• Yes I am rereading the adult copy of Reach for The Sky at the moment because the other night the movie was on late night T.V. and today is the 74th Anniversary of the start of the Battle of Britain. I re read The Lion the Witch and the Wardrobe a few years ago after reading two old interviews with its author C.S. Lewis where he mentioned that the novels were allegorious to two significant events. They being the crucifixion of Jesus Christ in the main instance and in the second Narnia’s eternal winters brought on by the curse of the witch were a metaphor of the darkness overcoming Europe with the occupation of most of it by the Nazis. The children were the “allies” who restored all the seasons to Narnia as the Allied forces did to Europe. I haven’t read The Monkey on the Red Rose for about ten years but I will again now after concluding Reach for the Sky. I also have bought a reissue of My Brother Jack the Australian classic by George Johnson.
        One other book that I first read as a teen and to this day is my favourite book of all time is the Australian novel “The Shiralee” by Darcy Niland. It is a brilliant novel of the burden ( Shiralee is Australian slang for a burden)a man has been given of looking after his daughter after he discovers his wife is having an affair. It is a novel of struggle love and redemption and the inherent goodness of man. I cannot recommend the book enough. Darcy by the way was the husband of the great Australian novelist Ruth Park (Poor Mans Orange) Thanks for your interest.


        • No, thank you Patrick. Despite the fact that we have completely different reading interests, I love that your passion for reading is evident in the way you speak about what you read. You have a knowledge that differs from my own and I find it fascinating.

          For some unknown reason, I flat out refused to read the Narnia Chronicles when I was a child. It was not until earlier this year that I purchased a box set of all seven titles… although they are still sitting unread on my bookshelf. I am also not overly well versed in Australian literature. They are all on the never ending ‘to be read’ list. One day….


          • Every country has its great literature, its great writers. Australia has been blessed with amazing writers in the past and now. The fact that for the majority of our existence over the past 200 odd years our literature has its genesis in the English language and culture has shaped that. The other thing that does is make the indigenous stories and history stretching back tens of thousands of years accessible to us. I really enjoy a good story. That can come from anywhere. I love the great American authors like Hemingway, Tennessee Williams, Steinbeck, Arthur Miller just to name a few. I enjoy a broad taste in my reading.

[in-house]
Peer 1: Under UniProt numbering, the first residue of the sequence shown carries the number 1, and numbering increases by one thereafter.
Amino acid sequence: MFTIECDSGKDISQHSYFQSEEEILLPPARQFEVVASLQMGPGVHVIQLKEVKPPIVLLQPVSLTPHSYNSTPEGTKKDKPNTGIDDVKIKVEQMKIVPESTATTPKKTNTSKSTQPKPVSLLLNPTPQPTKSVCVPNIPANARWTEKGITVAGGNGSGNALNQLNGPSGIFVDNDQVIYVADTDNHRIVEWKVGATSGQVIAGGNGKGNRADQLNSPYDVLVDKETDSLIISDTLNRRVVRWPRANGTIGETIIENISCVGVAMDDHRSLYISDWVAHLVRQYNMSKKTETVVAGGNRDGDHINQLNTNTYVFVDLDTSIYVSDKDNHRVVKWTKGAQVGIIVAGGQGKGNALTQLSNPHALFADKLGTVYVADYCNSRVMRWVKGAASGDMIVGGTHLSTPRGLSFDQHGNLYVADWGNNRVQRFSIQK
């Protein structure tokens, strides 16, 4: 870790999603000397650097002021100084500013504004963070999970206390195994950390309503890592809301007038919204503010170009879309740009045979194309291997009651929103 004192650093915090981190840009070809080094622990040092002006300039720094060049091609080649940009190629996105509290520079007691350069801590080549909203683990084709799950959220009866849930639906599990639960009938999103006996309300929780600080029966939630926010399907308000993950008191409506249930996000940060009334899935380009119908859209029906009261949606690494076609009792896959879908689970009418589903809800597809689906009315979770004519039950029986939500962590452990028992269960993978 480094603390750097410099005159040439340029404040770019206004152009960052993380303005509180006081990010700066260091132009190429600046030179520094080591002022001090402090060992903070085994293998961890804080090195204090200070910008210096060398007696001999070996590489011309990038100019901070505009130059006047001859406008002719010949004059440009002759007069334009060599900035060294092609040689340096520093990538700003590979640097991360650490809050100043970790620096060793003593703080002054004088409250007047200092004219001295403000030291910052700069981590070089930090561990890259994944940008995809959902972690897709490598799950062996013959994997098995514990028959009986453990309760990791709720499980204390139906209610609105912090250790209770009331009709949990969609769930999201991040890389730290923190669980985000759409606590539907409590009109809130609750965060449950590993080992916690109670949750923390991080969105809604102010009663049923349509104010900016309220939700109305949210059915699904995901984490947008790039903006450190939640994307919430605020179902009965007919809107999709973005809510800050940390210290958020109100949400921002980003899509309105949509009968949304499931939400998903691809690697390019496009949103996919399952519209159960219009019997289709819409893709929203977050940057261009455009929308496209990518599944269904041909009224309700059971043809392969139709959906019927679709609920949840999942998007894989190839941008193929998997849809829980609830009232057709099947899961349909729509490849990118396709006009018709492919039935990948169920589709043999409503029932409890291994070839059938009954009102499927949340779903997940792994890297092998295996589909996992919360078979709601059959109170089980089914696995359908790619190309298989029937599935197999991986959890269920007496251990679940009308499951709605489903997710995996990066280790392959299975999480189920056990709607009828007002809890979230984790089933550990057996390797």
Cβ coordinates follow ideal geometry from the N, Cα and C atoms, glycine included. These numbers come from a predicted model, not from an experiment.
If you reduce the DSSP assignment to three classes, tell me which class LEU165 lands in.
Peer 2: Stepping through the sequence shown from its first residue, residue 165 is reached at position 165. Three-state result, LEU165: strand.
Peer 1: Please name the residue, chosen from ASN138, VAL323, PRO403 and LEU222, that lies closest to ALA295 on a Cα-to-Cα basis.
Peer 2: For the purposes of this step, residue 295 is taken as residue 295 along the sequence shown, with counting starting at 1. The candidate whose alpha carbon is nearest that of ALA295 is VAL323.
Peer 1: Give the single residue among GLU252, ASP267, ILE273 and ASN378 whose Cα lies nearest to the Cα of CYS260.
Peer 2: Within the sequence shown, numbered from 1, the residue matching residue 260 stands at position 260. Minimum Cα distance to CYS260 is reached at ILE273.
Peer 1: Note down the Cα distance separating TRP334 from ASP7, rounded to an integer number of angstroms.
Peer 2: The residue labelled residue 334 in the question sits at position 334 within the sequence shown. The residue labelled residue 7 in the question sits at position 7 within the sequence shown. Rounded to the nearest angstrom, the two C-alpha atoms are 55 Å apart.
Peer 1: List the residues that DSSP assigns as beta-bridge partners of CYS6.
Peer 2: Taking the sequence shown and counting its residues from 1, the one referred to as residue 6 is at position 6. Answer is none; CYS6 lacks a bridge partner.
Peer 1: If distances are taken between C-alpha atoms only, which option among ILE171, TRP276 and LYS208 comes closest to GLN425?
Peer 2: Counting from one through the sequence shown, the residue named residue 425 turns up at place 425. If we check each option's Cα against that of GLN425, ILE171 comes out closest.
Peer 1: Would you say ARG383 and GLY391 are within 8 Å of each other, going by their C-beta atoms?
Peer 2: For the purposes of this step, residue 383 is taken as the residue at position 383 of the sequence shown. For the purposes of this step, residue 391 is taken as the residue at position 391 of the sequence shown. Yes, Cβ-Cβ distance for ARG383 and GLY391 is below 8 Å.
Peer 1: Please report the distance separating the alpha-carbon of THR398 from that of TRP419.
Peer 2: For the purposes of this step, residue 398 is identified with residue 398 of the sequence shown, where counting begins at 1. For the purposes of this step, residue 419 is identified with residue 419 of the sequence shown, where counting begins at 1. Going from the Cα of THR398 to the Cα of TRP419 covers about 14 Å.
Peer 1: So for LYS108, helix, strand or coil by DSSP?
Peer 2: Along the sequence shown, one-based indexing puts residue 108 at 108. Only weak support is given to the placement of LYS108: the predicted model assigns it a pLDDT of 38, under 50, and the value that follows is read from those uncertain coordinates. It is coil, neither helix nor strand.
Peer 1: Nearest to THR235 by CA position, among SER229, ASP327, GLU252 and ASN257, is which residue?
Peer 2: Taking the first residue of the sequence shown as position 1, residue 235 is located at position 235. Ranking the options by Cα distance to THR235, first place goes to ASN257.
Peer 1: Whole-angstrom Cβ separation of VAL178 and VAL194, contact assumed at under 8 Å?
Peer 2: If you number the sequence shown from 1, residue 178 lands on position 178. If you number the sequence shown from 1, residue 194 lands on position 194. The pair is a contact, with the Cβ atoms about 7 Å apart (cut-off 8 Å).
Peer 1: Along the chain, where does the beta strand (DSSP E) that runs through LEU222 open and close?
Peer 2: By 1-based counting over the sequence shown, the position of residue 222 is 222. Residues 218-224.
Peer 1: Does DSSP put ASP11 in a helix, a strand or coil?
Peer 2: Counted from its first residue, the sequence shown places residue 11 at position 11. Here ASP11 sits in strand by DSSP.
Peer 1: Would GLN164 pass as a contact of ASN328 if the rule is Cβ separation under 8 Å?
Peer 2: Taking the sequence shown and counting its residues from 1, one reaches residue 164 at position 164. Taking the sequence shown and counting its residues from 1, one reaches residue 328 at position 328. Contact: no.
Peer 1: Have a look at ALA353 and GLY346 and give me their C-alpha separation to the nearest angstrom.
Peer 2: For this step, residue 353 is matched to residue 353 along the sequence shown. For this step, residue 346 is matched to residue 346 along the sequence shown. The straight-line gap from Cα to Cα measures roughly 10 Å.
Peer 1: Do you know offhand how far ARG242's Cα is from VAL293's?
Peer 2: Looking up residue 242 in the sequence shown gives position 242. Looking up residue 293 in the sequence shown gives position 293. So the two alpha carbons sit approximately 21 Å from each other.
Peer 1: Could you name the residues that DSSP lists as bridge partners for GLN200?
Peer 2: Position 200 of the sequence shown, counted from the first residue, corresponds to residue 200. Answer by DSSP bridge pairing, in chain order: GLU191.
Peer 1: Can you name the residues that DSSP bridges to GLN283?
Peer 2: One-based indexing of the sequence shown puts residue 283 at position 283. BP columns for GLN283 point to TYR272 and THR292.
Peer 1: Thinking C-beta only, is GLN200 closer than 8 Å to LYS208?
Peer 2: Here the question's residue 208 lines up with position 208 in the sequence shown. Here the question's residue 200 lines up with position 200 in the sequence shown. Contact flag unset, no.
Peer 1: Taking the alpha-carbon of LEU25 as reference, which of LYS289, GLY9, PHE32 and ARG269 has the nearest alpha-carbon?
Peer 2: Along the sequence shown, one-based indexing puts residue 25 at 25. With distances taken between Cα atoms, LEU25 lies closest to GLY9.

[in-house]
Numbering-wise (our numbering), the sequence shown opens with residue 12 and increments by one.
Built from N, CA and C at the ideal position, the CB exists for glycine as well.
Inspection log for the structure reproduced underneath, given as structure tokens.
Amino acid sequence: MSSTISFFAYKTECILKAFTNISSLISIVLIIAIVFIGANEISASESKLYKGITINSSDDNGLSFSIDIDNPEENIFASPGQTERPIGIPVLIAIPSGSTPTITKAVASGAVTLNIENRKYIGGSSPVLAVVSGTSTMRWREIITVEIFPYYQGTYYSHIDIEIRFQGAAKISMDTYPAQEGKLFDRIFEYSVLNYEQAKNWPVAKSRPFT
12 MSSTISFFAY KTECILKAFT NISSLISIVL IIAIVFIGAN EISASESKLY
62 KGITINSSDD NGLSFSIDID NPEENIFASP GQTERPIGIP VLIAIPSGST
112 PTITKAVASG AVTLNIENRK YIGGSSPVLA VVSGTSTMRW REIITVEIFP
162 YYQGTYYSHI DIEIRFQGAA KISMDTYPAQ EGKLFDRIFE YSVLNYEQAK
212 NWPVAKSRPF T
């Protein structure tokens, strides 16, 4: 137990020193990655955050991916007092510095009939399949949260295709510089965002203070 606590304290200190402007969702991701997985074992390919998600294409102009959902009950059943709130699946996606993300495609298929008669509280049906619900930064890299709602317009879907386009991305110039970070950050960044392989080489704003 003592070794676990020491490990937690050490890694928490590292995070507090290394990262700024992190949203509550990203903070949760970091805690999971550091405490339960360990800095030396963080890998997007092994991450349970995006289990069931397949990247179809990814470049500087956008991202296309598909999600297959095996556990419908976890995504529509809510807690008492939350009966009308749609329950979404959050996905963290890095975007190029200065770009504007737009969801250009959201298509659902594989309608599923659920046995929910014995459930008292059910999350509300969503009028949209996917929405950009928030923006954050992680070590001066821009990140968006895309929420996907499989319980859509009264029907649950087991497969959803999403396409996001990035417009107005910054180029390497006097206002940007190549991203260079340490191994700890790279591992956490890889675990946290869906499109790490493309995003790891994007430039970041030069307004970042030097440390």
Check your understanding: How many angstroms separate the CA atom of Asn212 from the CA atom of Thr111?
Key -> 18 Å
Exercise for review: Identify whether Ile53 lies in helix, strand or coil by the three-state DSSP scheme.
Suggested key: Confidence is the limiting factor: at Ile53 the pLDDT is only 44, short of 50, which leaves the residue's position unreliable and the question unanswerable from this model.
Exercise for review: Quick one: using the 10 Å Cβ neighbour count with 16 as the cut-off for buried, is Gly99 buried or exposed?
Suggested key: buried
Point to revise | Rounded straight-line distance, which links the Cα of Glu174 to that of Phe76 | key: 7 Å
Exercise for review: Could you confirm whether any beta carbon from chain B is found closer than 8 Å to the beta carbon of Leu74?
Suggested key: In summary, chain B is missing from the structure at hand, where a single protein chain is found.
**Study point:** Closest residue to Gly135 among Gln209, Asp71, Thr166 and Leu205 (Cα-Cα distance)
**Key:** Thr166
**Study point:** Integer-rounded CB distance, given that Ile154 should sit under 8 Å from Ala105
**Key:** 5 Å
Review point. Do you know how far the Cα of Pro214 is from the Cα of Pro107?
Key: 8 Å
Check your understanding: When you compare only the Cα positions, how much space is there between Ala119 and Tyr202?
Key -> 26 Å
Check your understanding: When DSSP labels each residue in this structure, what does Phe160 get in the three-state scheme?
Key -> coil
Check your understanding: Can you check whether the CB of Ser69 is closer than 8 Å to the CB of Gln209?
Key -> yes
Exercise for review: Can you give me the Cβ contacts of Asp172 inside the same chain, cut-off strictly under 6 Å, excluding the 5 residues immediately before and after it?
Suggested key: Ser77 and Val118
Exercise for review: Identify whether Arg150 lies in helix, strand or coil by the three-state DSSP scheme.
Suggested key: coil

2. The Casual Vacancy was just awful. Hated the characters, hated the plot. Struggled to finish it and would not recommend it to anyone.

    Harry Potter series on the other hand was just brilliant. Wish I had JK Rowling’s imagination


    • It was difficult read. I tried to warn everyone that I sold it to that it was VERY different to Harry Potter. I remember one lady wanted to buy it for her 13 year old daughter. I nearly had a heart attack!


  3. I wasn’t sure whether I wanted to read the Cuckoo’s Calling (which is on my book club list for later this year), worried that it would spoil HP for me, and especially because I am generally not a huge fan of crime as a genre. However, I am looking forward to it now having read your comments Bookkat and also after hearing the positive reviews of the Silkworm coming out at the moment 🙂


    • I can honestly say that reading The Cuckoo’s Calling made me love HP more. And if you read it really closely, there are little HP-isms everywhere! There is a little bit if HP in everything she writes! It’s what I would class as light crime… Only because it is more about the characters and the detective work. I really hope you like it!